We can recognise in her teaching the Church differentiates between marriage that can be undertaken by any man and woman and that of baptised persons. In their 2006 letter on Marriage the New Zealand Bishops wrote: ‘A true marriage between two baptised Christians, including inter-church marriages, is a sacrament. A sacrament embodies and makes present something that God is doing. What God is doing for husband and wife is embodied and made present in what they are doing for each other. Their love for each over, their sacrifices and their faithfulness are the human forms that God’s love for them takes. And so the whole of their married life becomes a sacrament “a sign of God’s love for them and their family”.’
The Church still sees the presence of goodness in marriages that are not according to the manner of the sacrament. This has been expressed in the preparation document for the Synod on the Family to be held later this year: ‘Valid elements, therefore, exist in some forms (of marriage) outside of Christian marriage – based, however, on a stable and true relationship of a man and a woman – which, in any case, we maintain are oriented towards Christian marriage. With an eye to the popular wisdom of different peoples and cultures, the Church also recognises this type of family as the basic, necessary and fruitful unit for humanity’s life together.’ (Lineamenta: The Vocation and Mission of the Family, 20.)
In the ritual for marriage within the Latin Rite of the Catholic Church, the couple themselves confer the sacrament upon each other, while the priest blesses the marriage and acts as an official witness on behalf of the Church. The couple pray their vows following the three questions asked on behalf of the Church, which affirm consent and show the couple are free in their decision to marry, intend their union to be life long, and are open to the blessing of bringing children into the world.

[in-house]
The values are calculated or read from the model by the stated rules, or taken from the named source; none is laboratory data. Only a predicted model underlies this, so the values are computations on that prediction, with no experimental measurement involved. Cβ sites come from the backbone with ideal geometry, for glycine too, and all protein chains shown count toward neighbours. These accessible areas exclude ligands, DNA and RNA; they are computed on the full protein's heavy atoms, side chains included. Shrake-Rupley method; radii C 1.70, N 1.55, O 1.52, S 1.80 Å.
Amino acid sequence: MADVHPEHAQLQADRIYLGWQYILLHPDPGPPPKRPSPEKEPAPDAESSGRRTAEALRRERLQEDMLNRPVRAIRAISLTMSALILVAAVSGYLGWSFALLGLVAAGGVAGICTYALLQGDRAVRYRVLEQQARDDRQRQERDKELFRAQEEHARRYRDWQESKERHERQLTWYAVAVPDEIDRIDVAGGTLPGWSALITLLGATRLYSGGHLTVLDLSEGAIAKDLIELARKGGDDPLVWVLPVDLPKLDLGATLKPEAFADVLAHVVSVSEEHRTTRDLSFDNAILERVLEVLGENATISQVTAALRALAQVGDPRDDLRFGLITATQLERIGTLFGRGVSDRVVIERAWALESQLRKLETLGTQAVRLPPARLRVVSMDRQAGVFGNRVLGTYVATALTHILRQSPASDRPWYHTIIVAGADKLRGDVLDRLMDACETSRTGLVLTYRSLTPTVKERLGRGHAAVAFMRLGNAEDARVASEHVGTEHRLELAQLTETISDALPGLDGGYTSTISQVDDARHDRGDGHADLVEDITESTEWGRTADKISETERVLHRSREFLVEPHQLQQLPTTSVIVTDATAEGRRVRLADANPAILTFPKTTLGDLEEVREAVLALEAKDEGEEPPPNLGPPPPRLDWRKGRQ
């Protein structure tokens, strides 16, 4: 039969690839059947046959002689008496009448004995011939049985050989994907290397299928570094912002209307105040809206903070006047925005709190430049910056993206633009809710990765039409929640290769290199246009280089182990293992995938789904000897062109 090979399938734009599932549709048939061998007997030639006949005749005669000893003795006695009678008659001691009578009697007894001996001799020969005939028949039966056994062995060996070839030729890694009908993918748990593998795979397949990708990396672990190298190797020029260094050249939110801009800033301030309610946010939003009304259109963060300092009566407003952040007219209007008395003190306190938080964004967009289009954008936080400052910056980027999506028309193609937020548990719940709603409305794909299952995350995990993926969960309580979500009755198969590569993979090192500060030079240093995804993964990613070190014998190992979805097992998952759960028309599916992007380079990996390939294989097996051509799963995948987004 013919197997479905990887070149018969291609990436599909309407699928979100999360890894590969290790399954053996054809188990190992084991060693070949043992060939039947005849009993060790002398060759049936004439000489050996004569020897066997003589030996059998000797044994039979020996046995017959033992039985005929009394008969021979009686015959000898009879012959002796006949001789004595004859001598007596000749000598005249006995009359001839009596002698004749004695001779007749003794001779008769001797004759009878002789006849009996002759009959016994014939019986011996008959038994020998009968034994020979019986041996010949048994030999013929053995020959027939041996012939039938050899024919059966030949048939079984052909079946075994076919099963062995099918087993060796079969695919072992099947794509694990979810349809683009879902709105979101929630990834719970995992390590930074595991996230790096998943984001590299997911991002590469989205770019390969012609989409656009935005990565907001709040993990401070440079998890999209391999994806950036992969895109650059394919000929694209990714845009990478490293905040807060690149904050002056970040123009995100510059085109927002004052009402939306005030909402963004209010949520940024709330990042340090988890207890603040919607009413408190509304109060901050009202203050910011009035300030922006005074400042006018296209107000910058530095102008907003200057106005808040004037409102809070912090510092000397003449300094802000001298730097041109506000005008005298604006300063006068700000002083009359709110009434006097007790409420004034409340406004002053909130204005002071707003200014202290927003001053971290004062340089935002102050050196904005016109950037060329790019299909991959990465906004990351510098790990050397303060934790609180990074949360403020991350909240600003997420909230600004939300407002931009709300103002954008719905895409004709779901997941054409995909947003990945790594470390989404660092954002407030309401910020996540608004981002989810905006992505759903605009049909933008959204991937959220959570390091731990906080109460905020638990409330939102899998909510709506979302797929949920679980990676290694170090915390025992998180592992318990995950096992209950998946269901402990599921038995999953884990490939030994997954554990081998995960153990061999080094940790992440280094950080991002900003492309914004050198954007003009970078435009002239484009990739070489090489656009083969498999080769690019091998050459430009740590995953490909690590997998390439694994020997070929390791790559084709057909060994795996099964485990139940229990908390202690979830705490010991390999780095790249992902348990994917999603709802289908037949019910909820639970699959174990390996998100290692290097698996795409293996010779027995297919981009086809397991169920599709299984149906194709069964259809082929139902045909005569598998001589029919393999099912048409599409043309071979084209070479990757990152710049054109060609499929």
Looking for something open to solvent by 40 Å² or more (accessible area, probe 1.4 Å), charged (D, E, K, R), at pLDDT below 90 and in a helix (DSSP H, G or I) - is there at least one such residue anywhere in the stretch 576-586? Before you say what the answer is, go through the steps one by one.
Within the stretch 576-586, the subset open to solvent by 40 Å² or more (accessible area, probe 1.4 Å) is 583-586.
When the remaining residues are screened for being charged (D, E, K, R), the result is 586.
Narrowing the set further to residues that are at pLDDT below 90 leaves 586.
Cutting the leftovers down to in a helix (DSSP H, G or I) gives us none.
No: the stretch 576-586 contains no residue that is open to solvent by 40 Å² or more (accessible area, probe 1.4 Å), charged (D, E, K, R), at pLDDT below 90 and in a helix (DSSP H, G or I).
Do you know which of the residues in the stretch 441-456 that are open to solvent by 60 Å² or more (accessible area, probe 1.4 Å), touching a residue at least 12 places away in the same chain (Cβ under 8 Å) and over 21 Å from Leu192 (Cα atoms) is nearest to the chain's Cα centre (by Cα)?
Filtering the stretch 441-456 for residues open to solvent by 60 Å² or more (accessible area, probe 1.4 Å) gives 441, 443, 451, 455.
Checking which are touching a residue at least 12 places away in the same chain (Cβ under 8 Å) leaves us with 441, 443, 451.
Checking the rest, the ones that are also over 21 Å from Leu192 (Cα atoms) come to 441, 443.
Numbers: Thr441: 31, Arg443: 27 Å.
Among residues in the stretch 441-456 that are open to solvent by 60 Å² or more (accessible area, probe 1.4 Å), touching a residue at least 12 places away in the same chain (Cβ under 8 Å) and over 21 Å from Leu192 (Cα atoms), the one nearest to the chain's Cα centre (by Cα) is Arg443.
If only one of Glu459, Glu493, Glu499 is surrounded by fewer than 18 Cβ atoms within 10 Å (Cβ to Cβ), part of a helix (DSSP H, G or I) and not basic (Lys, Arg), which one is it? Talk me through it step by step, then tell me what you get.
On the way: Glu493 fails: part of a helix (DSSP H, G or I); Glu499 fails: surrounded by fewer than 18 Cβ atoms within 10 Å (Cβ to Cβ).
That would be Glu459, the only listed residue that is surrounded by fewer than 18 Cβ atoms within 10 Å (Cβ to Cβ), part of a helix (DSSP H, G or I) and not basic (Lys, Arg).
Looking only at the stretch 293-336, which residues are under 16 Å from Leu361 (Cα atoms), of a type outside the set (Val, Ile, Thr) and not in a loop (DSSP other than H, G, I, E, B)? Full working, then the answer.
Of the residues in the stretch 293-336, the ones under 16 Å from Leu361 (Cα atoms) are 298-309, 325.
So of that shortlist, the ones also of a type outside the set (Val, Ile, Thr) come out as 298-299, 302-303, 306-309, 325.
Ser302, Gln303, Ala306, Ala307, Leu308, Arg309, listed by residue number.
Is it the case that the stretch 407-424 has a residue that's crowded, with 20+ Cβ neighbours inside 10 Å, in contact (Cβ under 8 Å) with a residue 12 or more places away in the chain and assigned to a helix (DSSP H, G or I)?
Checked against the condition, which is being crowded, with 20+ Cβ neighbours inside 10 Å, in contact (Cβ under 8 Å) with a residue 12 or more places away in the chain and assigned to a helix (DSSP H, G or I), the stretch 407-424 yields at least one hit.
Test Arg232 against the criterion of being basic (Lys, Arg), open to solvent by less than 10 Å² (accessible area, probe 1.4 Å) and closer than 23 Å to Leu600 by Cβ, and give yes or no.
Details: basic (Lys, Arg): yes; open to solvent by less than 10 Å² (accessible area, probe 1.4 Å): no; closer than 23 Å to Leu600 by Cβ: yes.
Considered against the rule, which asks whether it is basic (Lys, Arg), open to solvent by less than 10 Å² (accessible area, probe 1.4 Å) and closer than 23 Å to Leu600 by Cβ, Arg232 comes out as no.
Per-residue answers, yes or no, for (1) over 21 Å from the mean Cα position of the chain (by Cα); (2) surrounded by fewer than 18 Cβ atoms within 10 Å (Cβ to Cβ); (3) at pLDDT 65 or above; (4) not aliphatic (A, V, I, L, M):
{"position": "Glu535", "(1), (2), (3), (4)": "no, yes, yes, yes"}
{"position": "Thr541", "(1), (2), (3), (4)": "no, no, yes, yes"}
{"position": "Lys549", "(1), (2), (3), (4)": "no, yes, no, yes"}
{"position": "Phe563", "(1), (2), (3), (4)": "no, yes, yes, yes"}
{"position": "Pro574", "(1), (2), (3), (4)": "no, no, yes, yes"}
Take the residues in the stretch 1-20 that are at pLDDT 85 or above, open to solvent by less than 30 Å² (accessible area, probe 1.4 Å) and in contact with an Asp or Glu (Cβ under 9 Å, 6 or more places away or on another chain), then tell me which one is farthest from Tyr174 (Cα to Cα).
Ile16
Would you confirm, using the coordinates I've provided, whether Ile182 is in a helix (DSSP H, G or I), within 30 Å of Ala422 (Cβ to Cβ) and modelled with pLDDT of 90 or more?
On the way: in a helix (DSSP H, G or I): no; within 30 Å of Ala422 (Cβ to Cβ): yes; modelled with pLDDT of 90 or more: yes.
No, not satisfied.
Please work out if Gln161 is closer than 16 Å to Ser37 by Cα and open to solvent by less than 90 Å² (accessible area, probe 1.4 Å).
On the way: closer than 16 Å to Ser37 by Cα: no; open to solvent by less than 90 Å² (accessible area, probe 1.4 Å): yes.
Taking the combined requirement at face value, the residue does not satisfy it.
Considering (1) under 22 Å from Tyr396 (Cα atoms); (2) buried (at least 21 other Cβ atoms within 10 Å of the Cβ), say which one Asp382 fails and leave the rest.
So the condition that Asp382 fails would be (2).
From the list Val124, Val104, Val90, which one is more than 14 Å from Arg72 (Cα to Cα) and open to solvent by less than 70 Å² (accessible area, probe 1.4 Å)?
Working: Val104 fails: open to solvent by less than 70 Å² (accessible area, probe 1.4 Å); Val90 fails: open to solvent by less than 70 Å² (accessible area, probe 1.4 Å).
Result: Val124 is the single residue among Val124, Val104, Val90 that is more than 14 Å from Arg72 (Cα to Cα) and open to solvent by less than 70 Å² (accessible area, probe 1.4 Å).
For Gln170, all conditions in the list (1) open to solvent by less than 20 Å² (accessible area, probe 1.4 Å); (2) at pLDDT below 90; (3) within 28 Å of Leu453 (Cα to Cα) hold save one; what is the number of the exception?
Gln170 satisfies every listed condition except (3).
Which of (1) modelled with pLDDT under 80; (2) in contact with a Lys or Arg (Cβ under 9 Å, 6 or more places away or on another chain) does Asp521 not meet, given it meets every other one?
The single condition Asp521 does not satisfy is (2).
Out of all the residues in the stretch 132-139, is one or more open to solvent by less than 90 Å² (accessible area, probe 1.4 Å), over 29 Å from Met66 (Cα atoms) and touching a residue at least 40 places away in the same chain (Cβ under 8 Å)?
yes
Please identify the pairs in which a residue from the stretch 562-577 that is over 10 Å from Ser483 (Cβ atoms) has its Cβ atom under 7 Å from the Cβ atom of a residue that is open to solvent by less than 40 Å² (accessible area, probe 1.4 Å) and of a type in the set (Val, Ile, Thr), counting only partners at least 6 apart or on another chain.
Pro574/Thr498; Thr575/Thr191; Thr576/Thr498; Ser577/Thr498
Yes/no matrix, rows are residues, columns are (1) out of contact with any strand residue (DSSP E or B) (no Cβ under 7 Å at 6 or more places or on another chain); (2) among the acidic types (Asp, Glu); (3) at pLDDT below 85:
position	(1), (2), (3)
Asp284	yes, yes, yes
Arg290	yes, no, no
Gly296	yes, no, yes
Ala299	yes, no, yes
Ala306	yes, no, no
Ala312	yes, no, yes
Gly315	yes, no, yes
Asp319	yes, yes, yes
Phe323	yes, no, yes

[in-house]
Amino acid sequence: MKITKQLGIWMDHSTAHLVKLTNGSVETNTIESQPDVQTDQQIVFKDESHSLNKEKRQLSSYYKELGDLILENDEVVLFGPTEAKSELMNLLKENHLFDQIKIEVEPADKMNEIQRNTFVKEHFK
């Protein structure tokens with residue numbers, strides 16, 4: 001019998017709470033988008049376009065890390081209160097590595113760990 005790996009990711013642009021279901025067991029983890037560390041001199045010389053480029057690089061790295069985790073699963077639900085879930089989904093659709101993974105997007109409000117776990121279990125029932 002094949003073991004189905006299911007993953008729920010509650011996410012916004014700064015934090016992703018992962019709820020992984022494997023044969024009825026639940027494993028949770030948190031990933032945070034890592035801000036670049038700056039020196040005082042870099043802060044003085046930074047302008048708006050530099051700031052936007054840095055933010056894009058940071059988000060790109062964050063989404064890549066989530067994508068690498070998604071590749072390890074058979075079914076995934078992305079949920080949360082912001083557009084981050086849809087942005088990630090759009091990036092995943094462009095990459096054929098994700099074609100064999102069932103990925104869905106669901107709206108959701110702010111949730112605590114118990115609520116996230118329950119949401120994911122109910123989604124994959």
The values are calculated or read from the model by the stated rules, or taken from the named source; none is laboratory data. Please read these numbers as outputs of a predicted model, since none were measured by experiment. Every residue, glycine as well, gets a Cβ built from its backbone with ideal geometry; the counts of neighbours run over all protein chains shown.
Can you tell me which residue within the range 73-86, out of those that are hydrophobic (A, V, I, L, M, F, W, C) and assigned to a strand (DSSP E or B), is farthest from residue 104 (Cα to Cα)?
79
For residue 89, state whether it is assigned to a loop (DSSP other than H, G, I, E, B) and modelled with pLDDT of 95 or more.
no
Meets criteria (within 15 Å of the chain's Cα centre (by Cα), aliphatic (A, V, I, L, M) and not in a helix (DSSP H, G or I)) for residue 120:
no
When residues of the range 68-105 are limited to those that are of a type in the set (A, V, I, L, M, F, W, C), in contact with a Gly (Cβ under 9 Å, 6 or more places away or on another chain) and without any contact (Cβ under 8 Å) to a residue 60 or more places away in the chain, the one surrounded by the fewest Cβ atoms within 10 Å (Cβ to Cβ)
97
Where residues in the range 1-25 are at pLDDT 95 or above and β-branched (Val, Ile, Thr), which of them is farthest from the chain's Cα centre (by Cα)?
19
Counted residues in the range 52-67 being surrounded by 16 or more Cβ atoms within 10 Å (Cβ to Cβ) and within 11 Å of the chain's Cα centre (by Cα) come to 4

There is the old adage, ‘Two is company, three is a crowd!’. Yet in Christian marriage the presence of Christ with the couple is fundamental:
‘Christ dwells with them, gives them the strength to take up their crosses and so follow him, to rise again after they have fallen, to forgive one another, to bear one another’s burdens, to “be subject to one another out of reverence for Christ”, and to love one another with supernatural, tender, and fruitful love.’ (CCC, 1642)
This is a high calling, and when reading those words people could easily respond, ‘Impossible’. Yet, we know with God nothing is impossible, while without God Christian marriage would be impossible!
Just as God’s healing Spirit is not limited to the Sacrament of the Anointing when it comes to bringing healing to the world, nor is the Sacrament of Holy Matrimony the only means of God’s love being experienced and celebrated in the world. It is though, the means by which we can recognise in our living the love Christ has for his Church.
How beautiful it is to stand with a couple as they come before the Altar, unknowing of what lies ahead except for the truth of their love, which, because it is founded upon Christ, can be life-long. And then to stand with them again as they come again before the Altar, this time with their newborn to be baptised. The family grows in service according to the command of Christ.
Fr Patrick Bridgman is the parish priest for Te Awakairangi Parish.